2.3 Teachers assess and review student learning and plan for future learning
3.3 Teachers are active members of the professional and wider community
English teachers understand that context is everything. I teach in a high school in Sydney's outer western suburbs that gained a certain degree of notoriety as a result of the front-page publicity that the local tabloid gave to the school's HSC results in 1996. I took up a position as Head of Department at the start of 1997, in the midst of a Departmental review of the school, which subsequently extended into a restructure of secondary education in the local district and led to the formation of a senior college and the 'rebadging' of our school and a number of others as feeder junior campuses.
Understandably throughout this whole ordeal morale was low, with staff, students, and parents feeling besieged. There was a good deal of residual anger at the inaccuracies present in the newspaper report and its cruel representation of the students; anger which was only partly assuaged some years later by a successful class action undertaken by a number of the students against the newspaper.
Not long afterwards the process of a Stage 6 (Yr 11 and 12) syllabus review began in NSW. This represented a dramatic shift in how English was conceptualised in this state. So it was, in the midst of a more general, school wide examination of the curriculum we were offering our students, the expectations we had of them and the standards we were setting, as well as the teaching methodologies we were employing as we began to plan for life as a junior high, that my faculty and I were faced with the question of how best to prepare our students for the demands of senior schooling (at another school, mind you) given the direction of the new Stage 6 Syllabus.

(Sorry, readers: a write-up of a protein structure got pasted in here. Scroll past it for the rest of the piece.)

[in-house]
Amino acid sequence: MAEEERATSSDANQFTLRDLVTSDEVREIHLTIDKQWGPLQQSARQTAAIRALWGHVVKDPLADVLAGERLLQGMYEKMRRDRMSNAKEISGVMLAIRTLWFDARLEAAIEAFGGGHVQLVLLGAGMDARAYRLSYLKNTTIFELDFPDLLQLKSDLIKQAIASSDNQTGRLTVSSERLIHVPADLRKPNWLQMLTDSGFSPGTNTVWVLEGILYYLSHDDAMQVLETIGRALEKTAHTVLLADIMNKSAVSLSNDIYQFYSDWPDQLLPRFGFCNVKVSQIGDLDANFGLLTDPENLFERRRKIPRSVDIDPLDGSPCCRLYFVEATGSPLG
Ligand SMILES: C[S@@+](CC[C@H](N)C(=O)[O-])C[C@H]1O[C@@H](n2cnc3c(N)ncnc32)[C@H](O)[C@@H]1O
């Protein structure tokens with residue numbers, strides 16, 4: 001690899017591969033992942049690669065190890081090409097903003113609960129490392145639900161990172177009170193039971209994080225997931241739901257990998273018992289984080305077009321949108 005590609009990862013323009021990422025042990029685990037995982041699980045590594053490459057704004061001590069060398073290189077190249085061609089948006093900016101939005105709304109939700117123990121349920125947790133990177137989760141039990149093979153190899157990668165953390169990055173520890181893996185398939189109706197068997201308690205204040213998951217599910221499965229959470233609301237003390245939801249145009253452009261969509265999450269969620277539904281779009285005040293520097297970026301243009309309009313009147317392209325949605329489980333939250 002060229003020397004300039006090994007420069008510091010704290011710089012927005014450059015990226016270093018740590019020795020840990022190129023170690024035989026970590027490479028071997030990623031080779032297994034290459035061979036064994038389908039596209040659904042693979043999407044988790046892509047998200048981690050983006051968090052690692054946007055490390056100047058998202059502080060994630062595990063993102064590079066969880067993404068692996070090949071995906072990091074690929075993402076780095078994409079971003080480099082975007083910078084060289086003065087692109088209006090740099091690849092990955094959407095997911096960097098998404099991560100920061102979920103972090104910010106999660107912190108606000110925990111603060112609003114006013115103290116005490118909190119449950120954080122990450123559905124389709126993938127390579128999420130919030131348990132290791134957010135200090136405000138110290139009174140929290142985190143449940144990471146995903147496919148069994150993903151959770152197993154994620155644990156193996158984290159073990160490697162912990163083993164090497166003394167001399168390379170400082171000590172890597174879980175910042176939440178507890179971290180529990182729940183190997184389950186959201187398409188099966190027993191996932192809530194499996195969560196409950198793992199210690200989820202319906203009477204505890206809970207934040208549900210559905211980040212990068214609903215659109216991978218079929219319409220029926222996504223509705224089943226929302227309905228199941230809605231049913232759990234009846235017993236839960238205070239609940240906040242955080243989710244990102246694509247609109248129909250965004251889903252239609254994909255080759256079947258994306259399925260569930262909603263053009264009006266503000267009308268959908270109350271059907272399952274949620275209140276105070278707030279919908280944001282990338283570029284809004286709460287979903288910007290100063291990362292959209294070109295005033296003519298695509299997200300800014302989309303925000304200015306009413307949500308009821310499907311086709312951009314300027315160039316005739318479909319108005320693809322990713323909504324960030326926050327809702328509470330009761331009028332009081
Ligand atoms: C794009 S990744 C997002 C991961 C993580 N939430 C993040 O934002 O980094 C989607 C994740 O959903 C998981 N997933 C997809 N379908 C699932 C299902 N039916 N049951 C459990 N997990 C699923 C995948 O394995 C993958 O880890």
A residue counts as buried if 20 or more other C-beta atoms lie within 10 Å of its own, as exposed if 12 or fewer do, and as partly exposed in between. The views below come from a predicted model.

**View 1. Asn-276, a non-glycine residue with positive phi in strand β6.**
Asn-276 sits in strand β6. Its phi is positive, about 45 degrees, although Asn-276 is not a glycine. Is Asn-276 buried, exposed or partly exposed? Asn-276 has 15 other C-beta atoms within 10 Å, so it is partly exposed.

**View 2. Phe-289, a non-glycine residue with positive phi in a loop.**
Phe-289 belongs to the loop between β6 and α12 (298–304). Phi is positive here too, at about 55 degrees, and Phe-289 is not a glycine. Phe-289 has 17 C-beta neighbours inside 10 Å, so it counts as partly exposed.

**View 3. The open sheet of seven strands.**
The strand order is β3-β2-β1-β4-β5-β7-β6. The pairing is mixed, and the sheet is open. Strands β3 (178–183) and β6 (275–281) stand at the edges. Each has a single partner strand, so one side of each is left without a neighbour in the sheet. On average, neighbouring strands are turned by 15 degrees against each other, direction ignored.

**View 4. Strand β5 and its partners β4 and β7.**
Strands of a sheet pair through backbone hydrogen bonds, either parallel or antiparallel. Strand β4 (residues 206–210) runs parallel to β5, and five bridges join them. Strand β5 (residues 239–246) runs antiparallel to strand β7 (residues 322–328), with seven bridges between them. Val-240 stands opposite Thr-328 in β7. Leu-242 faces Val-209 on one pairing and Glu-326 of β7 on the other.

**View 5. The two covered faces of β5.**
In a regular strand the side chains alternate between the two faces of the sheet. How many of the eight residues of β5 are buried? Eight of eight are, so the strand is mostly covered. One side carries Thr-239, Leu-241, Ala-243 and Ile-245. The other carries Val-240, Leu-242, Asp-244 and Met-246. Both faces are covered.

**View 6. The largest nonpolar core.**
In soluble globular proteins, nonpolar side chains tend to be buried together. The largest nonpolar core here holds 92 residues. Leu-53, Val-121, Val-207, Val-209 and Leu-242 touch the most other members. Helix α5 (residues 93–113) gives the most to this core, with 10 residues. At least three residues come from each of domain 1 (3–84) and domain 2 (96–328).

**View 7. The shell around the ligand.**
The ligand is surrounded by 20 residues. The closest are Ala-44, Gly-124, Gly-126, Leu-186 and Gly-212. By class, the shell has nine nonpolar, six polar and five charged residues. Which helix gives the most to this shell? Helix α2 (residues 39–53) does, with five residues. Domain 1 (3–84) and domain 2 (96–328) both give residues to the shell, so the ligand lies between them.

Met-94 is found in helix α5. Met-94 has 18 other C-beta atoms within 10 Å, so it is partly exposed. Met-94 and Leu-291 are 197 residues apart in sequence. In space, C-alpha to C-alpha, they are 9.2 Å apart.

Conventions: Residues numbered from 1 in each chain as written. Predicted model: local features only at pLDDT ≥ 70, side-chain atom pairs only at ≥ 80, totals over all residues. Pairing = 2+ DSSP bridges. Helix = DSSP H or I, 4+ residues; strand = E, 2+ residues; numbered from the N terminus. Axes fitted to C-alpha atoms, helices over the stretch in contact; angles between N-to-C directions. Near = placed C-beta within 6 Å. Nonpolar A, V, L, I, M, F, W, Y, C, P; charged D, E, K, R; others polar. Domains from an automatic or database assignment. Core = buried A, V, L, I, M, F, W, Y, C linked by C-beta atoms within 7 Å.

If I, as HT, was going to lead my colleagues through a process of program revision and rewriting, given the new Stage 6 Syllabus and an impending review of the 7 - 10 Syllabus, as well as to support them in their developing understanding of the 'new' English, then I had to look first to my own practice and my own professional learning.
Rather fortuitously it was also around this time that I entered into a close, working relationship with a teacher educator from the University of Western Sydney. As the chair of the school's literacy committee, I had sought Brian's assistance on the advice of a colleague, who was an ex-student of his, in assisting the committee to set future directions in the planning of our literacy program and to develop the training and development program we needed as a group to effectively maintain our credibility with the staff and our leadership role within the school.
I happened to mention to Brian in passing that I was keen to come to grips with critical literacy and post-structuralist reading techniques through writing a unit of work which involved students in a critical examination of constructions of gender in two recent purchases for the faculty: a novel (Boyz R Us) and a play (What's Wrong With Mary Jane?). Brian was quick to offer to collaborate on this as he had developed a model unit of work with a gender focus, which he was using with preservice teacher education students in his Literacies for Learning course to develop their understanding of critical literacy. So it was, in term 4 of 1998 that Brian and I began to meet every Tuesday, a day when I had no timetabled classes, to collaboratively plan and write a unit of work centred around the award winning Australian wildlife documentary Kangaroos - Faces In the Mob, which we were to teach to Year 9 in term 1 of the following year.